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Scott’s Blog

Brexit Myth Two: Millions of jobs and trade will be lost

Friday, January 22, 2016

 

It’s often argued that millions of jobs will be lost and trade will decrease between the UK and the EU if we were to leave. And the evidence for this? Mostly, because Nick Clegg says so. Remember him? 

The former Deputy Prime Minister, and Leader of the Liberal Democrats made numerous statements with the myth that three million jobs will be lost if we left the EU. This is absolute rubbish of course. I would even go so far as to say that jobs and trade are in no way linked to our membership of the EU. 

If they freeze us out; European industries will suffer


The countries of the EU enjoy an annual trade surplus (meaning that we buy more of their stuff that they do of ours) with the UK. It is in excess of £72 billion and rising. These are figures independently verified by both the Office of National Statistics and Euro Stat the statistical arm of the European Commission.

The idea that in the event of Brexit the EU would want to deny the UK a free trade agreement and access to the single market is absurd and complete fantasy economics advanced by those who argue differently. Can you imagine the EU denying the UK access to European markets and the UK denying the EU access to our markets? Would we see the bosses of Mercedes Benz, VW, Audi, BMW, BASF, Siemens, Saab, Seat, Renault, Citroen, Peugeot, Bosch and many others agreeing to potentially lose their market share in the UK and the job losses that would follow just so that the European Commission can spitefully punish the UK for daring to leave the club? Not likely.

In fact, these industries would be the least of EU leaders problems, for while they might want to risk ‘outside’ companies gaining an advantage in the UK car and technology markets, the French, Italian, Spanish, German and Danish wine and beer industry that sell over 2 billion bottles of wine and beer to the UK consumer each year would not stand for a loss of market share. Can you imagine if French farmers and Spanish fruit producers cannot sell their products competitively in the UK; they would start burning the place down. 

So, the reality is, it is not in the EU’s interest to impose penalties, sanctions or trade tariffs on the UK consumer because they choose to leave the EU. Moreover, World Trade Organisation (WTO) rules are such that there is very limited scope for sanctions and penalties if the European Commission decided on such a suicidal course of action.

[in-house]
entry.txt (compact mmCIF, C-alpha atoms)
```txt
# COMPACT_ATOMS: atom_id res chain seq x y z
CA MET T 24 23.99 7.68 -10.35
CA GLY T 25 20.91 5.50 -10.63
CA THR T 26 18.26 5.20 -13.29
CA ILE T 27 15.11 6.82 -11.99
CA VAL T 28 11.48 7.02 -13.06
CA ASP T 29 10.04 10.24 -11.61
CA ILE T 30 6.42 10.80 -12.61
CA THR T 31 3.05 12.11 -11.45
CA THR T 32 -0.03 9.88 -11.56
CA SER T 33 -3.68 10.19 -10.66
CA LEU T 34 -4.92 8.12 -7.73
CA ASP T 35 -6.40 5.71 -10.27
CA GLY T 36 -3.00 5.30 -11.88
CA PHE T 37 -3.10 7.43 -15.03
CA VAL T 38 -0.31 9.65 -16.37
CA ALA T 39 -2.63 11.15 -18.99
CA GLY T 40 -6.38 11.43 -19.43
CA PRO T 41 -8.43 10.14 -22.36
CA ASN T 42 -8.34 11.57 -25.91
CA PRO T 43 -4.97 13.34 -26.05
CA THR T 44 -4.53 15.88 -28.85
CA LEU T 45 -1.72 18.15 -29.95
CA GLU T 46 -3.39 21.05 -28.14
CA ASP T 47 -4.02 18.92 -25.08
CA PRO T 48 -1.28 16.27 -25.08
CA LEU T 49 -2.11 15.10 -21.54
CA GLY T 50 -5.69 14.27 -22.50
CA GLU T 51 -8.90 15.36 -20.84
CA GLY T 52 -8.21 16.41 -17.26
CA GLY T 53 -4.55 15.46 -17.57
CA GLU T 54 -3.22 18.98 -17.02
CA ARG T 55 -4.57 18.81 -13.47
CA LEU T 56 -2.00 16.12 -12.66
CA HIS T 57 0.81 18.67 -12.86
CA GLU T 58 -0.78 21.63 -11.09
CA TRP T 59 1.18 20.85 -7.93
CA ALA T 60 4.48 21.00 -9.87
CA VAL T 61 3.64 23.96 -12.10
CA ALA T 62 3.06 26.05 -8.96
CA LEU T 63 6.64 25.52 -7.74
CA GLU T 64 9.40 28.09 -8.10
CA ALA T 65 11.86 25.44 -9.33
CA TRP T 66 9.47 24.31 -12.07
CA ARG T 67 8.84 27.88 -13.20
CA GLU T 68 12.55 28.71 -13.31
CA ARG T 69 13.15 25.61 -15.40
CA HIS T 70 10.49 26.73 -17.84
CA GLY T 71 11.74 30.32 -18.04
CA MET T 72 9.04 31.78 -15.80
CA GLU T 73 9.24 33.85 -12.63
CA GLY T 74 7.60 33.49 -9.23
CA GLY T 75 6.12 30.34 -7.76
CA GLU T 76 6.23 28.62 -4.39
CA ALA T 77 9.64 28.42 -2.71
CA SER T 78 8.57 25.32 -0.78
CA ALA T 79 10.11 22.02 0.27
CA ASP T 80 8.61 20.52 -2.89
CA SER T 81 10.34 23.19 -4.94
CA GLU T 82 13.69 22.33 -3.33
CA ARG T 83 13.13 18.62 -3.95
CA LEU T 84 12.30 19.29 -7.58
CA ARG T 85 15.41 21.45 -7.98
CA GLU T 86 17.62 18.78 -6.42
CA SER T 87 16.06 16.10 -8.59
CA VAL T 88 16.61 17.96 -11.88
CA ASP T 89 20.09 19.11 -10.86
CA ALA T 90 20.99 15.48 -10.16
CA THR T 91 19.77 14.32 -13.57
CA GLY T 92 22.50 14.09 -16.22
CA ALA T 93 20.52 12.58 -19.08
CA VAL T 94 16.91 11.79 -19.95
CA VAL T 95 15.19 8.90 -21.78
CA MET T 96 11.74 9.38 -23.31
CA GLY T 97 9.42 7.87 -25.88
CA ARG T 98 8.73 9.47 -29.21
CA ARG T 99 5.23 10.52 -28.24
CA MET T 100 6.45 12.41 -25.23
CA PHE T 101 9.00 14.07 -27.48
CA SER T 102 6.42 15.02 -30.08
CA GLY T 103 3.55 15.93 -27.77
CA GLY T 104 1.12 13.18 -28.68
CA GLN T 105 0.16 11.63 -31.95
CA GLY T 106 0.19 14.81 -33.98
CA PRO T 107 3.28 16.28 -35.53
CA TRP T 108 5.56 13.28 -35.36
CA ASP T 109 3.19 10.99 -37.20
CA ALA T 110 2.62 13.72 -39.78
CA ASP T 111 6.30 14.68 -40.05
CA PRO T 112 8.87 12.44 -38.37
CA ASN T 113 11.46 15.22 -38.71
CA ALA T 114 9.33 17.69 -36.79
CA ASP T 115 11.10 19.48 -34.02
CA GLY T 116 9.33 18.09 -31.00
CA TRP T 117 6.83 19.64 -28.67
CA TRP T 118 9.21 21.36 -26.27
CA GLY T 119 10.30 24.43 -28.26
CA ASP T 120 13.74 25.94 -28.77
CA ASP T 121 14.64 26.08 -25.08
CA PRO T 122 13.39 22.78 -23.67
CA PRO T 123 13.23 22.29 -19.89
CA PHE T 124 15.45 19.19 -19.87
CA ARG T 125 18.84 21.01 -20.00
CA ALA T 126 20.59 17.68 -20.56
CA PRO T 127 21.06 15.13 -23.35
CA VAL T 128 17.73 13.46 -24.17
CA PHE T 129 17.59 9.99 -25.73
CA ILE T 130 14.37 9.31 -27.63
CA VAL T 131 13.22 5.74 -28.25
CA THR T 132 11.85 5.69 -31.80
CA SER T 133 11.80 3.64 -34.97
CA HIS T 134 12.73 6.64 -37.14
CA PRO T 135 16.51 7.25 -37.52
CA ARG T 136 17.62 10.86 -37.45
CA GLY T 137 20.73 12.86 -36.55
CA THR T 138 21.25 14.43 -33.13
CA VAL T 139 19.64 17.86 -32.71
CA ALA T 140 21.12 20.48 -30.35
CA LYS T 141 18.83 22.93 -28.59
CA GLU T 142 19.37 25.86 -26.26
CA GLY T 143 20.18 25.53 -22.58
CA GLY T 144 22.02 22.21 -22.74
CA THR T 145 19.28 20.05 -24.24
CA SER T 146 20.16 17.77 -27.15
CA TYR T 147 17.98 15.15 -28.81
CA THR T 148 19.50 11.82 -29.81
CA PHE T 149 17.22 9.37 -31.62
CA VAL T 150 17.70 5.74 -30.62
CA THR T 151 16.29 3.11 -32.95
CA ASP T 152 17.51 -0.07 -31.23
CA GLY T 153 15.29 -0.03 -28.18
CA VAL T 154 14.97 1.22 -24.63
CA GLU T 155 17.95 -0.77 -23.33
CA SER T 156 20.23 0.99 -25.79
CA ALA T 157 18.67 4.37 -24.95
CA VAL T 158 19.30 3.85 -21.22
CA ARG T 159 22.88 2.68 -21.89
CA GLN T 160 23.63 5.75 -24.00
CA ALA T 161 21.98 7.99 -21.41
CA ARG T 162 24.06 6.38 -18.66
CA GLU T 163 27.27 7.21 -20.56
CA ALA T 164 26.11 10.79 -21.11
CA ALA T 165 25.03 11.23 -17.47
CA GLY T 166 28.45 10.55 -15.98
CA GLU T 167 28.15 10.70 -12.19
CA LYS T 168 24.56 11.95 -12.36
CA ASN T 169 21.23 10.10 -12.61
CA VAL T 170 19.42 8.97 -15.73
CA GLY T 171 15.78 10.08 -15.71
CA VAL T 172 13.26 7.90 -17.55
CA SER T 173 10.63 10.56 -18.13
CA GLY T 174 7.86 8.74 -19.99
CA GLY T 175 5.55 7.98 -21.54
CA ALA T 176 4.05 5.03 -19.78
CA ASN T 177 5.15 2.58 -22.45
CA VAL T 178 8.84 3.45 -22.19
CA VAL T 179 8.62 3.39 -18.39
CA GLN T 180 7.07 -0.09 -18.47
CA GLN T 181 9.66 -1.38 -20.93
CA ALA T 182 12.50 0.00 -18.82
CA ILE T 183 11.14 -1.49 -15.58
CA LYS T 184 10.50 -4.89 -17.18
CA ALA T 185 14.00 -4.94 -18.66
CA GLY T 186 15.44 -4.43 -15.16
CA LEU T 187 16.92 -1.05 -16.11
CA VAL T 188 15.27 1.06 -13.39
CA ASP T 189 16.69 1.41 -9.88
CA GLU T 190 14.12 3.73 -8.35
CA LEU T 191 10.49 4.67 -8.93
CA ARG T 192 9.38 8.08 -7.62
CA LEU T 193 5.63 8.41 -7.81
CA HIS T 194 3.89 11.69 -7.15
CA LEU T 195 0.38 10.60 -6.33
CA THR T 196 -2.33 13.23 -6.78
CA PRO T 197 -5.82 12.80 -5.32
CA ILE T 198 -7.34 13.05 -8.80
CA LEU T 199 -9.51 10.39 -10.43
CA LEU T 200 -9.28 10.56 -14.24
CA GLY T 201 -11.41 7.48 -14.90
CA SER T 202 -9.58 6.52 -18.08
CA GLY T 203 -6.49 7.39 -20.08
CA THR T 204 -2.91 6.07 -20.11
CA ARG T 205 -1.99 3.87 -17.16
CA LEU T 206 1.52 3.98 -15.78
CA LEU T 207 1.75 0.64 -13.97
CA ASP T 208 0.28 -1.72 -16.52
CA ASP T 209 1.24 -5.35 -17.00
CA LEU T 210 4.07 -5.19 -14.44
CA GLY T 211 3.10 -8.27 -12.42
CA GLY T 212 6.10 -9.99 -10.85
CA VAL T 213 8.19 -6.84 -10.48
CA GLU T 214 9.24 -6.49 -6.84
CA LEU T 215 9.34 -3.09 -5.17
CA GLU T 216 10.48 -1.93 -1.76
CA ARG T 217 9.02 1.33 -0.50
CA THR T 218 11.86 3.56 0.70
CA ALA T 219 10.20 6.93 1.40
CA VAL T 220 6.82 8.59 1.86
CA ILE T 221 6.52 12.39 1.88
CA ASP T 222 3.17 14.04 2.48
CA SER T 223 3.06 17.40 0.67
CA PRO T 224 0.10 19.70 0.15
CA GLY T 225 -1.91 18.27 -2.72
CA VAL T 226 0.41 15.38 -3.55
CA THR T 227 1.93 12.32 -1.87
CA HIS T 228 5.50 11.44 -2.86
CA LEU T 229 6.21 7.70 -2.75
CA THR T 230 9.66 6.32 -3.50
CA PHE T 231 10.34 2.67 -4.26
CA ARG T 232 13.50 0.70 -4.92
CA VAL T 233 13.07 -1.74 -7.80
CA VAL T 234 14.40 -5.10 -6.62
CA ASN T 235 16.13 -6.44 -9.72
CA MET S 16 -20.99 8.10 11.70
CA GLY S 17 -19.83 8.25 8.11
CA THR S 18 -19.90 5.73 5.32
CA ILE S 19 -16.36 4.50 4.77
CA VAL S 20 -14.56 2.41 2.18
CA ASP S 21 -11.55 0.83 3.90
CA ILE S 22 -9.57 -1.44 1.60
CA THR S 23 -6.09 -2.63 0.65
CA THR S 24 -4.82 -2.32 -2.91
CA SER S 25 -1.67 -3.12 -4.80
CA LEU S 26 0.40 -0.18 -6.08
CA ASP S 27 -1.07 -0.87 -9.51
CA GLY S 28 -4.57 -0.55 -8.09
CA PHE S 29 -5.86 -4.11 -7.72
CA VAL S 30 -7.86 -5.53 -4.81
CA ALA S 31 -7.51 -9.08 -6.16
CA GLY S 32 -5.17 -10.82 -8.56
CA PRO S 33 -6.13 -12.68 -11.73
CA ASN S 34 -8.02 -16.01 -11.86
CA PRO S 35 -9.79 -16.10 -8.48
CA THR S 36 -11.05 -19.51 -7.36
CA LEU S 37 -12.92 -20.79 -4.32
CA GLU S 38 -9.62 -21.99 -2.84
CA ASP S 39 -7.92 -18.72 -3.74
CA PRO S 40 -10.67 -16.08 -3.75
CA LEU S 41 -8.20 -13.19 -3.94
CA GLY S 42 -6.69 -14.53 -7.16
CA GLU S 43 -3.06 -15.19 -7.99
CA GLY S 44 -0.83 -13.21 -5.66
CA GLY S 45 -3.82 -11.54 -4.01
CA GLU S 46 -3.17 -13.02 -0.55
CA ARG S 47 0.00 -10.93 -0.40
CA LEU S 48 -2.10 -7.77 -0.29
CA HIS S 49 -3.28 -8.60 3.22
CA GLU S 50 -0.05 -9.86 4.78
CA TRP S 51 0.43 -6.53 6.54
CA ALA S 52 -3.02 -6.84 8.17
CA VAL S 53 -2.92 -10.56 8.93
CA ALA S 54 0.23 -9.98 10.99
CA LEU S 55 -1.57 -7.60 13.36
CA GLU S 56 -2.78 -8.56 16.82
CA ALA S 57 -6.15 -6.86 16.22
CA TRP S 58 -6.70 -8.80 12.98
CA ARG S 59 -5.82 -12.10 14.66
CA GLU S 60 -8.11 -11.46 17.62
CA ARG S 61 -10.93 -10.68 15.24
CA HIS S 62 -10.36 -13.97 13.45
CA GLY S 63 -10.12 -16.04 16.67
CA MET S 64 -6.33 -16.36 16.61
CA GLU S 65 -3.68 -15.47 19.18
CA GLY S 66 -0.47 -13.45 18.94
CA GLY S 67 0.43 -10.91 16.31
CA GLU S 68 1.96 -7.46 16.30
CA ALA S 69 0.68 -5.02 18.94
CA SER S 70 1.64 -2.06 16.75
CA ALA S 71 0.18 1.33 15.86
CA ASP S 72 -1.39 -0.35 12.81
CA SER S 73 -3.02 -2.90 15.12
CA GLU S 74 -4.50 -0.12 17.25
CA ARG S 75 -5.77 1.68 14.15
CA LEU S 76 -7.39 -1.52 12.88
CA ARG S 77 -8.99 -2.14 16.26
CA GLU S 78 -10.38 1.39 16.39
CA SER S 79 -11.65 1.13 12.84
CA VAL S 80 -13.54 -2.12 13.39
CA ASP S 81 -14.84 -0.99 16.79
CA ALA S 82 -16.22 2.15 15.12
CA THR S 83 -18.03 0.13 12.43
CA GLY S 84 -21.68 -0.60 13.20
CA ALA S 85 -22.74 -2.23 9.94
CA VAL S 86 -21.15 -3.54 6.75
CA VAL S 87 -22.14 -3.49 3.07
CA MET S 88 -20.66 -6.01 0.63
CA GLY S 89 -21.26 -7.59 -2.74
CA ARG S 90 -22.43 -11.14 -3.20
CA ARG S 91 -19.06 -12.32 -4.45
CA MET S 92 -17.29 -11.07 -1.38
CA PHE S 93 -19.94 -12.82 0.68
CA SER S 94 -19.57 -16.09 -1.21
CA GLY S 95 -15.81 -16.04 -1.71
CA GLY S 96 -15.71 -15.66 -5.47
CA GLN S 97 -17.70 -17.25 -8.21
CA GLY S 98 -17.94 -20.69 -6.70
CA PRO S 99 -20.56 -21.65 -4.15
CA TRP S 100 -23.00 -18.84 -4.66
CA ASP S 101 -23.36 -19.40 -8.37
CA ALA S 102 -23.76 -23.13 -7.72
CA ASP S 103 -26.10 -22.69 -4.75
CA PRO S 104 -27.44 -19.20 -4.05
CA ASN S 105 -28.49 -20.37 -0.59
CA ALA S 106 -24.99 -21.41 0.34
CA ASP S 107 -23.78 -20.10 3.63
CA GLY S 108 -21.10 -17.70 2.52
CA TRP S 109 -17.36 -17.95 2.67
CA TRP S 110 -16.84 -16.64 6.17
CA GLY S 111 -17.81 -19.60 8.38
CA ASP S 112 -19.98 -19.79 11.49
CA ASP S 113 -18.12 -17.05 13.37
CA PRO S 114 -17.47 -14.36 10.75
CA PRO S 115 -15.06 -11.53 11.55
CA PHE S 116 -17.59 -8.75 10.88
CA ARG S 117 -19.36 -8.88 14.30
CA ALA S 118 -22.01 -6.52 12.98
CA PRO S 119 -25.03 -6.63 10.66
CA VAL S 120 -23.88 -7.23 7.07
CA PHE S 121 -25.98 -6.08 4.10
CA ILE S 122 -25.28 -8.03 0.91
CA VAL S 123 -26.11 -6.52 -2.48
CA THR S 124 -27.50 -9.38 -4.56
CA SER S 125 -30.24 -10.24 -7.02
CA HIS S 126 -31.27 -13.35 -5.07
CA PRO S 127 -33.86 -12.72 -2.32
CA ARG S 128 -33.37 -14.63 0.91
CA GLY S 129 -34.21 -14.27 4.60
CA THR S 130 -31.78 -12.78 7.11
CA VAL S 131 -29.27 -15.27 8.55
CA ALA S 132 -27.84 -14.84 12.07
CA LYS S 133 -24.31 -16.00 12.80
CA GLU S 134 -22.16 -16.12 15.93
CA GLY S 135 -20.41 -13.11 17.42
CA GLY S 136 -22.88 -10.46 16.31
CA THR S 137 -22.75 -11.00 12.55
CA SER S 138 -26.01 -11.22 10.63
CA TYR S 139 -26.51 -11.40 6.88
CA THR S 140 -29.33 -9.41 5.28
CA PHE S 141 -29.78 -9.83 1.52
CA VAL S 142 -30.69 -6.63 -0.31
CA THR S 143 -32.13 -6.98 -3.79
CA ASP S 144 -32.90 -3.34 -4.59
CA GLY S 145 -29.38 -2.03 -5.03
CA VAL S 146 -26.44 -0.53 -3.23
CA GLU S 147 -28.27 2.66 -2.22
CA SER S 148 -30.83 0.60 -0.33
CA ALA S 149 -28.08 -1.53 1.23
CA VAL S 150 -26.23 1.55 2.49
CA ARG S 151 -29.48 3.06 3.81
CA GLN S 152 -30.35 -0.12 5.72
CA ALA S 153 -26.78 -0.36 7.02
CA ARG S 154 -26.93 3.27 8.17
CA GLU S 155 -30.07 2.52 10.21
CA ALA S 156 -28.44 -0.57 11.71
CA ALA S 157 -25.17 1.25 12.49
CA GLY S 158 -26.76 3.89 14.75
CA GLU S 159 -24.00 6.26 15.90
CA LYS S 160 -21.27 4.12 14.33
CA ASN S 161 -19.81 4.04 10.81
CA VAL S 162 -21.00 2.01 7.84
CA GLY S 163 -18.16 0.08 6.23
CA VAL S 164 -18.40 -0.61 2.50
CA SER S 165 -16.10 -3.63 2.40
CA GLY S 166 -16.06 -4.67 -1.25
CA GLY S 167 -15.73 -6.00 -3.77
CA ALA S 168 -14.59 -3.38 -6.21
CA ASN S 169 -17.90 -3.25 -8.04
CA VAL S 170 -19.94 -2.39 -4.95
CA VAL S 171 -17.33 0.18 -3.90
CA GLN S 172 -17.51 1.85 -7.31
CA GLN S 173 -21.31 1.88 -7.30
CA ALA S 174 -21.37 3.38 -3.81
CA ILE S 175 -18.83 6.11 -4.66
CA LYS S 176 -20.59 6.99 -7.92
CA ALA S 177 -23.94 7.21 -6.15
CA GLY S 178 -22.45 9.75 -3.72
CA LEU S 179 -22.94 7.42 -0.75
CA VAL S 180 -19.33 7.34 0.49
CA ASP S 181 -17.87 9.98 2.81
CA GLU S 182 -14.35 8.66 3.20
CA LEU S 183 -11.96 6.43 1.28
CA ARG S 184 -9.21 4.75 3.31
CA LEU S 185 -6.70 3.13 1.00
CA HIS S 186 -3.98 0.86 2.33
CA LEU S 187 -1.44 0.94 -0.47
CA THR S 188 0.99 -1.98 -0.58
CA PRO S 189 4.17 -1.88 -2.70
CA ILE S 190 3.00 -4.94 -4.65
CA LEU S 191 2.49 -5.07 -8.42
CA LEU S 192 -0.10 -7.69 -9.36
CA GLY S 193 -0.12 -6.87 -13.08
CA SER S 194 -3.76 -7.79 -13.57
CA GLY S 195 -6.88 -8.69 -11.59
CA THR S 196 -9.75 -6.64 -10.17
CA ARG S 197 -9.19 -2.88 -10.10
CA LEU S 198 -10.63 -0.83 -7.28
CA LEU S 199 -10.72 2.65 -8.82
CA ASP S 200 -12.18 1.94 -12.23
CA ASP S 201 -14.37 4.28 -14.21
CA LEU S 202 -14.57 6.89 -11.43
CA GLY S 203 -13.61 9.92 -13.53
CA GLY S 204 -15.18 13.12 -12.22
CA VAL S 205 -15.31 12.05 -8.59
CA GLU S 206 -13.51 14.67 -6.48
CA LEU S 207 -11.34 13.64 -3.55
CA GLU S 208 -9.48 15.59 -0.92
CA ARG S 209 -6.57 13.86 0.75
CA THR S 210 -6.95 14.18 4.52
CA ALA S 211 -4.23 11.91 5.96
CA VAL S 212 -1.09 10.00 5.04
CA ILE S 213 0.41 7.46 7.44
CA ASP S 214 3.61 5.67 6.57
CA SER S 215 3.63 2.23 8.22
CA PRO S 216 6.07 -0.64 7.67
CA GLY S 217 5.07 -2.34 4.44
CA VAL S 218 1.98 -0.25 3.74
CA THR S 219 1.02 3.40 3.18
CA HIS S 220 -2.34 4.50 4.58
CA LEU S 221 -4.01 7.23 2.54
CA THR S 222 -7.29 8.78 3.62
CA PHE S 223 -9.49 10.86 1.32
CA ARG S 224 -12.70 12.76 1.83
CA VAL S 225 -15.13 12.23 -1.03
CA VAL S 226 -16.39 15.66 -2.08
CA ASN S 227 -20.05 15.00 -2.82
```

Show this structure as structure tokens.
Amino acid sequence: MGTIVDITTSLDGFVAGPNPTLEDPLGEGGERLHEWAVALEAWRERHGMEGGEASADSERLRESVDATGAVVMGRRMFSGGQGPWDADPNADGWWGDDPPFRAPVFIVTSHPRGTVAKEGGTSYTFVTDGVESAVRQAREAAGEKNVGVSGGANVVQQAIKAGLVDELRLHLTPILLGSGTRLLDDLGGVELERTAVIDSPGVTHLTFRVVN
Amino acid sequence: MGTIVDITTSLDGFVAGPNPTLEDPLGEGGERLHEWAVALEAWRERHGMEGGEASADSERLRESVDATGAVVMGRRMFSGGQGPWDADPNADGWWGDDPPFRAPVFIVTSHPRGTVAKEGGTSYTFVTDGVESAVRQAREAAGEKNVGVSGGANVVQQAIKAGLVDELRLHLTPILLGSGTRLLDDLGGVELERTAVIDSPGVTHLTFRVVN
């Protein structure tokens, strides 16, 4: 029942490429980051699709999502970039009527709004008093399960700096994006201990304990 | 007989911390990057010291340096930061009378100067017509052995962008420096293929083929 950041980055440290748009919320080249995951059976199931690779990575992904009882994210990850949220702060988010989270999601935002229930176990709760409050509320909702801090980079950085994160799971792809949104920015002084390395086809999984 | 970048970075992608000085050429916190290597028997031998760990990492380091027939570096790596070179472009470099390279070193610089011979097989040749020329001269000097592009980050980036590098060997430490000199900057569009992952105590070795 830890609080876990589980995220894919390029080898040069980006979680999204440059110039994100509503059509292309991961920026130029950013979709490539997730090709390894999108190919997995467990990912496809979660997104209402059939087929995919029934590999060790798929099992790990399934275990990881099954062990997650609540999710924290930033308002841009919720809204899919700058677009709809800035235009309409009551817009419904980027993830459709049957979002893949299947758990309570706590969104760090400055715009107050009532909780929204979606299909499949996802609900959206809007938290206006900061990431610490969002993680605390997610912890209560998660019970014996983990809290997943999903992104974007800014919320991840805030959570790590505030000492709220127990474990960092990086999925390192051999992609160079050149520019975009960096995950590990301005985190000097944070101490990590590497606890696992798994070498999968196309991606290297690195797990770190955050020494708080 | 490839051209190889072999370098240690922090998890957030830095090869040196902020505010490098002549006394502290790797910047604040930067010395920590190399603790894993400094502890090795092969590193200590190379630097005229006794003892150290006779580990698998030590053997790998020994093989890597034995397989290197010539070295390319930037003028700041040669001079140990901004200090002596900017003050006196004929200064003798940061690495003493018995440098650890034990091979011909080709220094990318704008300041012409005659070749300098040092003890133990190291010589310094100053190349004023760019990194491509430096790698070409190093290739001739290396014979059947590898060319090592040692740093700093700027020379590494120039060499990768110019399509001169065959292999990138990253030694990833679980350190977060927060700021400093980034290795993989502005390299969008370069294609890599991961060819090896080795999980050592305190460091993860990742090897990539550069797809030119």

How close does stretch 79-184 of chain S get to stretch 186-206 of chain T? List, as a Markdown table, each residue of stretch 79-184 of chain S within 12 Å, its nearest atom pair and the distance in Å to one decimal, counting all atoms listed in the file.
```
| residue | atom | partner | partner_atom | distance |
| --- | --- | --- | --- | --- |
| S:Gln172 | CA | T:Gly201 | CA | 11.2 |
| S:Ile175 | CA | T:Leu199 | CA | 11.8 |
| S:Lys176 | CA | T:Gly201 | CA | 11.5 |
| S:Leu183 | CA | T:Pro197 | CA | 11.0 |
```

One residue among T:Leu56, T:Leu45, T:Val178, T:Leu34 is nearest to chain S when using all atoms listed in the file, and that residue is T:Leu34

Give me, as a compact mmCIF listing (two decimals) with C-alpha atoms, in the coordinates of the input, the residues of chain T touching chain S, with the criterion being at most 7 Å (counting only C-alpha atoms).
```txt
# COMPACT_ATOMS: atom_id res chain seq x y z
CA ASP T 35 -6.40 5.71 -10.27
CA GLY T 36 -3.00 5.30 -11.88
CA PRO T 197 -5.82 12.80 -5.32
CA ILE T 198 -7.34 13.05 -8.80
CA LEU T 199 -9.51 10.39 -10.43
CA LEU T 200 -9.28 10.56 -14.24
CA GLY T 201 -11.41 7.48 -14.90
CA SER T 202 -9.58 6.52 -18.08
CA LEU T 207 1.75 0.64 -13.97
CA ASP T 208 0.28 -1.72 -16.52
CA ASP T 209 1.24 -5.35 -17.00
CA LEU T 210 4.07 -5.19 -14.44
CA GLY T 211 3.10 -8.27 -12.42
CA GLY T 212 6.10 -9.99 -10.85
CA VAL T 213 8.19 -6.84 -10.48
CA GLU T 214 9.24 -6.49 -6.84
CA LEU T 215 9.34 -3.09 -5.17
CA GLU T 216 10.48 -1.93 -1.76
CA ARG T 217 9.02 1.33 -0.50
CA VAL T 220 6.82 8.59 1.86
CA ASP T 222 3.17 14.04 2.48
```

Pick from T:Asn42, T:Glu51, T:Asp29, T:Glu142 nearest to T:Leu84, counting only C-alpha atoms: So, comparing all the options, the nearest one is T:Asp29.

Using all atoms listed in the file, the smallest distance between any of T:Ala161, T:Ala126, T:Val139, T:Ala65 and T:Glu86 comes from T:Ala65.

We'll have huge savings from membership fees and economic freedom


Outside of the EU, evidence suggests that UK trade would boom with the freedom to conduct our own free trade agreements with the rest of the world without interference from the EU. The huge savings from our membership fees and being free from cumbersome regulations and directives would give an added boost to the British economy. 

The trade figures are really quite interesting when you look deeper into them. The British economy actually is around 80% domestic, or the level that it trades with itself. Only about 20% of the British economy actually trades its good and services across the world. Of that 20%, some 44% (and falling) of our trade is registered with the EU. 

But that headline figure is not all that it seems. For example, goods transferred through EU ports which include, Belfast, Liverpool, Rotterdam and Antwerp are classed as imports into the EU even if they are then re-exported to other markets around the world. Massaging the figures is nothing new to the EU, who of course has not had their accounts certified for twenty years, but those campaigning for us to stay in the EU would never tell you that. The actual figure of our goods and services traded annually with the EU is more like 33% and falling.

So the jobs and trade argument is completely bogus. Brexit is more likely to bring additional prosperity, trade and jobs rather than the other way around. On this point, the Pro-EU camp is becoming increasingly desperate. But their campaign of the politics of fear was aided and abetted this week in Davos. We were treated to the spectacle of a British Prime Minister, who pretends to be on a renegotiation mission, on his knees begging the bankers who crashed the world economy and fat cat businesses that pay very little tax, to support his campaign to remain in the EU. With friends like that Prime Minister, who needs enemies! 

Next time I'll look at the impact on our national security.



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